1 There have been no randomized human clinical trials on this plant to date demonstrating the plant’s anti-cancer effects, moreover, there have been few animal studies, and if there have been they have been of low quality (reference to the cited example: [6]). This does not mean that the compound does not have anticancer properties – the point is to draw attention to the need for further research into the safety and efficacy of the extract of this plant and to prevent its use “on its own”.

2. As for the cells of the gastrointestinal tract, strictly healthy cells were not taken, and were replaced by a liver cancer cell line. The authors say that this is a standard method to help assess the hepatotoxicity of the extracts used.

Bibliography: 

[1] Medicinal plants: Past history and future perspective – Jamshidi-Kia Fatemeh, Lorigooini Zahra, Amini-Khoei Hossein (2018), Herbmed Pharmacol, http://herbmedpharmacol.com/Article/jhp-1198

[2] The Influence of Environmental Conditions on Secondary Metabolites in Medicinal Plants: A Literature Review – Poonam Pant, Sudip, Pandey, Stefano Dall’Acqua (2021), Chemistry & Biodiversity. https://onlinelibrary.wiley.com/doi/full/10.1002/cbdv.202100345

[3] In vitro plant tissue culture: means for production of biological active compounds – Espinosa-Leal, C.A., Puente-Garza, C.A. & García-Lara, S. (2018). Planta 248, 1–18.  https://doi.org/10.1007/s00425-018-2910-1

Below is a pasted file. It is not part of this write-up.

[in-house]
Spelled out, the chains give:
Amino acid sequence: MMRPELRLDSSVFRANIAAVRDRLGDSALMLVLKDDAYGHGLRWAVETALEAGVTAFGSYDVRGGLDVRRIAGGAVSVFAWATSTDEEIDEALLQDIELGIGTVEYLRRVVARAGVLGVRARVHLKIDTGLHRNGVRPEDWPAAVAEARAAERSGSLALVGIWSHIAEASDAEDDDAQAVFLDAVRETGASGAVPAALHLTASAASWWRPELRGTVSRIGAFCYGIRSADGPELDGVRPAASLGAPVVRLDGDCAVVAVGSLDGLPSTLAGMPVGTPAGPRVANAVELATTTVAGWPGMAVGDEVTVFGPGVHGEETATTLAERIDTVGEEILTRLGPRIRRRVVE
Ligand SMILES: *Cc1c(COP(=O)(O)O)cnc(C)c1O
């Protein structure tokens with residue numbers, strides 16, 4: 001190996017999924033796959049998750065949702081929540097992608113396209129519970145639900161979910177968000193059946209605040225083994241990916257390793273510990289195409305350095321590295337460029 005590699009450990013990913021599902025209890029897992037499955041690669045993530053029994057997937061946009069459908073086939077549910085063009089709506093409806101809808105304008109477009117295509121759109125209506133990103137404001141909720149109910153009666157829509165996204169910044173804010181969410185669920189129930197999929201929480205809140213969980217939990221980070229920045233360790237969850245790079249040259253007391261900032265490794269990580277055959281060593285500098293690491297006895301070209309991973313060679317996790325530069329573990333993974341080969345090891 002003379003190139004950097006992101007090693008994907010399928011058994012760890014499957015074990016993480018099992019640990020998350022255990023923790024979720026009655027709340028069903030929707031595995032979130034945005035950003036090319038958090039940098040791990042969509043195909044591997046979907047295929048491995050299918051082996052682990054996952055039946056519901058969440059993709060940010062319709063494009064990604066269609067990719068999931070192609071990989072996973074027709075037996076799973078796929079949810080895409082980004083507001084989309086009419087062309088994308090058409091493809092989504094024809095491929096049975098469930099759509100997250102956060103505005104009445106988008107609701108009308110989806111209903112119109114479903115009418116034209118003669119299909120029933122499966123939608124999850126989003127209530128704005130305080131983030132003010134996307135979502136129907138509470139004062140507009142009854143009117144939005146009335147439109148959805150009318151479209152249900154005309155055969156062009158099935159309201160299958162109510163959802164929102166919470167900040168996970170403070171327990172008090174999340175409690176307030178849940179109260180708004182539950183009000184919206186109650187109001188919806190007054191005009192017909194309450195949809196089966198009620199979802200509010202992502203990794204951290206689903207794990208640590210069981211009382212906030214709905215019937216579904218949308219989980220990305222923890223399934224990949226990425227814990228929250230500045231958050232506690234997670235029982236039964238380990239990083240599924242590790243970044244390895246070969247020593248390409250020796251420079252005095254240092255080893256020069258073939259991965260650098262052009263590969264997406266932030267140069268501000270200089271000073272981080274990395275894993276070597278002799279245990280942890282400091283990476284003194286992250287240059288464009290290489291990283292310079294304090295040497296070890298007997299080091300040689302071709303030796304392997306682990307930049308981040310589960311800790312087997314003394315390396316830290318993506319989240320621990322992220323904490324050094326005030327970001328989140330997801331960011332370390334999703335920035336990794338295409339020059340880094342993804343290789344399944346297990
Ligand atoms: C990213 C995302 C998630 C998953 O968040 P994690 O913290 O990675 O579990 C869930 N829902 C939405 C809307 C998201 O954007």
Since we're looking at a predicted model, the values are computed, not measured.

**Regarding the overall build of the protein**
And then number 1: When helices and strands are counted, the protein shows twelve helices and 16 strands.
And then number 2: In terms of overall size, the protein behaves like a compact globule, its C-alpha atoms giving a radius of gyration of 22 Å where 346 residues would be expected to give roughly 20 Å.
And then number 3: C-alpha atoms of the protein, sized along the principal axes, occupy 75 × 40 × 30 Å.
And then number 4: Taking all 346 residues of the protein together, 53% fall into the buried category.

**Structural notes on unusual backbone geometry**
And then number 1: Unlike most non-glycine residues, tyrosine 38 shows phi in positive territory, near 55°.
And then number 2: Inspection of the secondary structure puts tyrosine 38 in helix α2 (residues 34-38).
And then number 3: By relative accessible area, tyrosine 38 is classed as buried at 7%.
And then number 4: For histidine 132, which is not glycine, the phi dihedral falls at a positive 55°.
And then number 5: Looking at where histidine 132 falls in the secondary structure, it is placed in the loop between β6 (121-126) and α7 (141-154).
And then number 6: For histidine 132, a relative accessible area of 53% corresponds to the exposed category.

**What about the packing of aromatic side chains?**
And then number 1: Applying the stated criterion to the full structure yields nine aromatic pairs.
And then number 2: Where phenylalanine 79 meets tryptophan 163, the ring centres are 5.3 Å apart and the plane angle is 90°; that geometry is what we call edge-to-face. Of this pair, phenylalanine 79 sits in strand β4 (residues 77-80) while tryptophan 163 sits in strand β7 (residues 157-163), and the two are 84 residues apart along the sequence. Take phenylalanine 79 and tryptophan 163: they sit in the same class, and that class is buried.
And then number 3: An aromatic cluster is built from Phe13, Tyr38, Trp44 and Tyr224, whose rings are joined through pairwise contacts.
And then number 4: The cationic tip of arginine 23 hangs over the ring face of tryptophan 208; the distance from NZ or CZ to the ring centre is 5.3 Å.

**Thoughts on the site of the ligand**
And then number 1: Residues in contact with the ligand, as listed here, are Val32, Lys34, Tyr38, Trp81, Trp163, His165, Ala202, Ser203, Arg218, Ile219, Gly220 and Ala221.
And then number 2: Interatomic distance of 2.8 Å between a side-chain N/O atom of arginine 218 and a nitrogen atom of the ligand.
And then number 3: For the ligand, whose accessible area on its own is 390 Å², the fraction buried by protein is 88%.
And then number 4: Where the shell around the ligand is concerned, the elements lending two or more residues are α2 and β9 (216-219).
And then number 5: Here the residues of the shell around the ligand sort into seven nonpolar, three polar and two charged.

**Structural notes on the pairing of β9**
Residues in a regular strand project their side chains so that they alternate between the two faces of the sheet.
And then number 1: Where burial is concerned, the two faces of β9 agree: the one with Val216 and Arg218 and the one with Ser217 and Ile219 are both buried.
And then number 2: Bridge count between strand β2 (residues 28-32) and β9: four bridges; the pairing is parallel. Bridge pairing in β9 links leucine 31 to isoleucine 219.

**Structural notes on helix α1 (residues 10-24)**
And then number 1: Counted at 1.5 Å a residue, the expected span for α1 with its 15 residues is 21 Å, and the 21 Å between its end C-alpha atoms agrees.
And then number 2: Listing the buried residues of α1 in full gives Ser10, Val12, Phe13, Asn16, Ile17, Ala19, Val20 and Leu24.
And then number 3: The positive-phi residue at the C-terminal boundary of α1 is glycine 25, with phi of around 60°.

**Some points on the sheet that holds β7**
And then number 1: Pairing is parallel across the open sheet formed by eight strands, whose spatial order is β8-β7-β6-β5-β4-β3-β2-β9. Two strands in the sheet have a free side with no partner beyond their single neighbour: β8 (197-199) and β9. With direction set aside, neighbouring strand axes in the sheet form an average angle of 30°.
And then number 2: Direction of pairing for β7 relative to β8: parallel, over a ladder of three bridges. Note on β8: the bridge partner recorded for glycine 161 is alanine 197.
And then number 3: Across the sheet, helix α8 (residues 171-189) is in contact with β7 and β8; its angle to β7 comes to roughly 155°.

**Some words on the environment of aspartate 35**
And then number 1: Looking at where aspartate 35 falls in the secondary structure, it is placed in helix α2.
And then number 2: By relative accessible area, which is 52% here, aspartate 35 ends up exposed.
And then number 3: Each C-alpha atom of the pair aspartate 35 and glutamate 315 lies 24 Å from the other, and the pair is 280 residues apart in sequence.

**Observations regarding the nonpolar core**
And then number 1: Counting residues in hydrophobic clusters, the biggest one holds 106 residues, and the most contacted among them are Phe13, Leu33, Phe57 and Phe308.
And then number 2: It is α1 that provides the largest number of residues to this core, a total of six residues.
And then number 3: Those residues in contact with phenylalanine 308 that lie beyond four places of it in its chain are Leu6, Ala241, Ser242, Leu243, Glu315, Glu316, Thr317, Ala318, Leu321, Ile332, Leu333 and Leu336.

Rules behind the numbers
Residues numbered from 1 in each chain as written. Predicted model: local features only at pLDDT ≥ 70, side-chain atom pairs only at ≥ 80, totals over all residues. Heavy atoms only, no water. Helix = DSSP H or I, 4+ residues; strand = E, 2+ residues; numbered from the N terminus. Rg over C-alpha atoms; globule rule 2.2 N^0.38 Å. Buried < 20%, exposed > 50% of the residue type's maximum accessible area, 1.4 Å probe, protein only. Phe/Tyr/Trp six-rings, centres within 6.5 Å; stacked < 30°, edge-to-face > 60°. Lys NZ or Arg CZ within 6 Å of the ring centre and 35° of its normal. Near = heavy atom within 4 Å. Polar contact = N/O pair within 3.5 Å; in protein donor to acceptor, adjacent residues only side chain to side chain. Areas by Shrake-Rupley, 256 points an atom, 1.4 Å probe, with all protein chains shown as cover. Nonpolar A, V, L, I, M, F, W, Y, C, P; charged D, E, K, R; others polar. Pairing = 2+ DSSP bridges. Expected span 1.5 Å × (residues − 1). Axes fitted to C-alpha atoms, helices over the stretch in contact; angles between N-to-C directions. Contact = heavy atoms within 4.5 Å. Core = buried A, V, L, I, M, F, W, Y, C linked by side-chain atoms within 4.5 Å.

[4] Chemical Composition and Cytotoxic Activity of Extracts from Carpesium divaricatum: In Vitro- versus Field-Grown Plants – Malarz J, Galanty A, Stojakowska A. (2022). Plants (Basel). doi: https://doi.org/10.3390/plants11212815.

[5] . Applications of Sesquiterpene Lactones: A Review of Some Potential Success Cases – Moujir, L.; Callies, O.; Sousa, P.M.C.; Sharopov, F.; Seca, A.M.L. (2020) Appl. Sci. https://doi.org/10.3390/app10093001https://www.mdpi.com/2076-3417/10/9/3001

[6] A natural compound derivative P-13 inhibits STAT3 signaling by covalently inhibiting Janus kinase 2 – Huang, H., Niu, J., Wang, F. et al. (2019). Invest New Drugs 37, 452–460 

Biologiczny Hejted
Bio:
Anonimowa popularyzatorka nauki. Moją misją jest przedstawiać trudne naukowe zagadnienia w sposób satyryczny, przyjazny dla osób nie będących na co dzień w świecie nauki. Konfrontuje \"porady internetowe\" z faktami opartymi na dowodach naukowych, obalam szkodliwe mity oraz przybliżam życie młodego naukowca \"od kuchni\".
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Biologiczny Hejted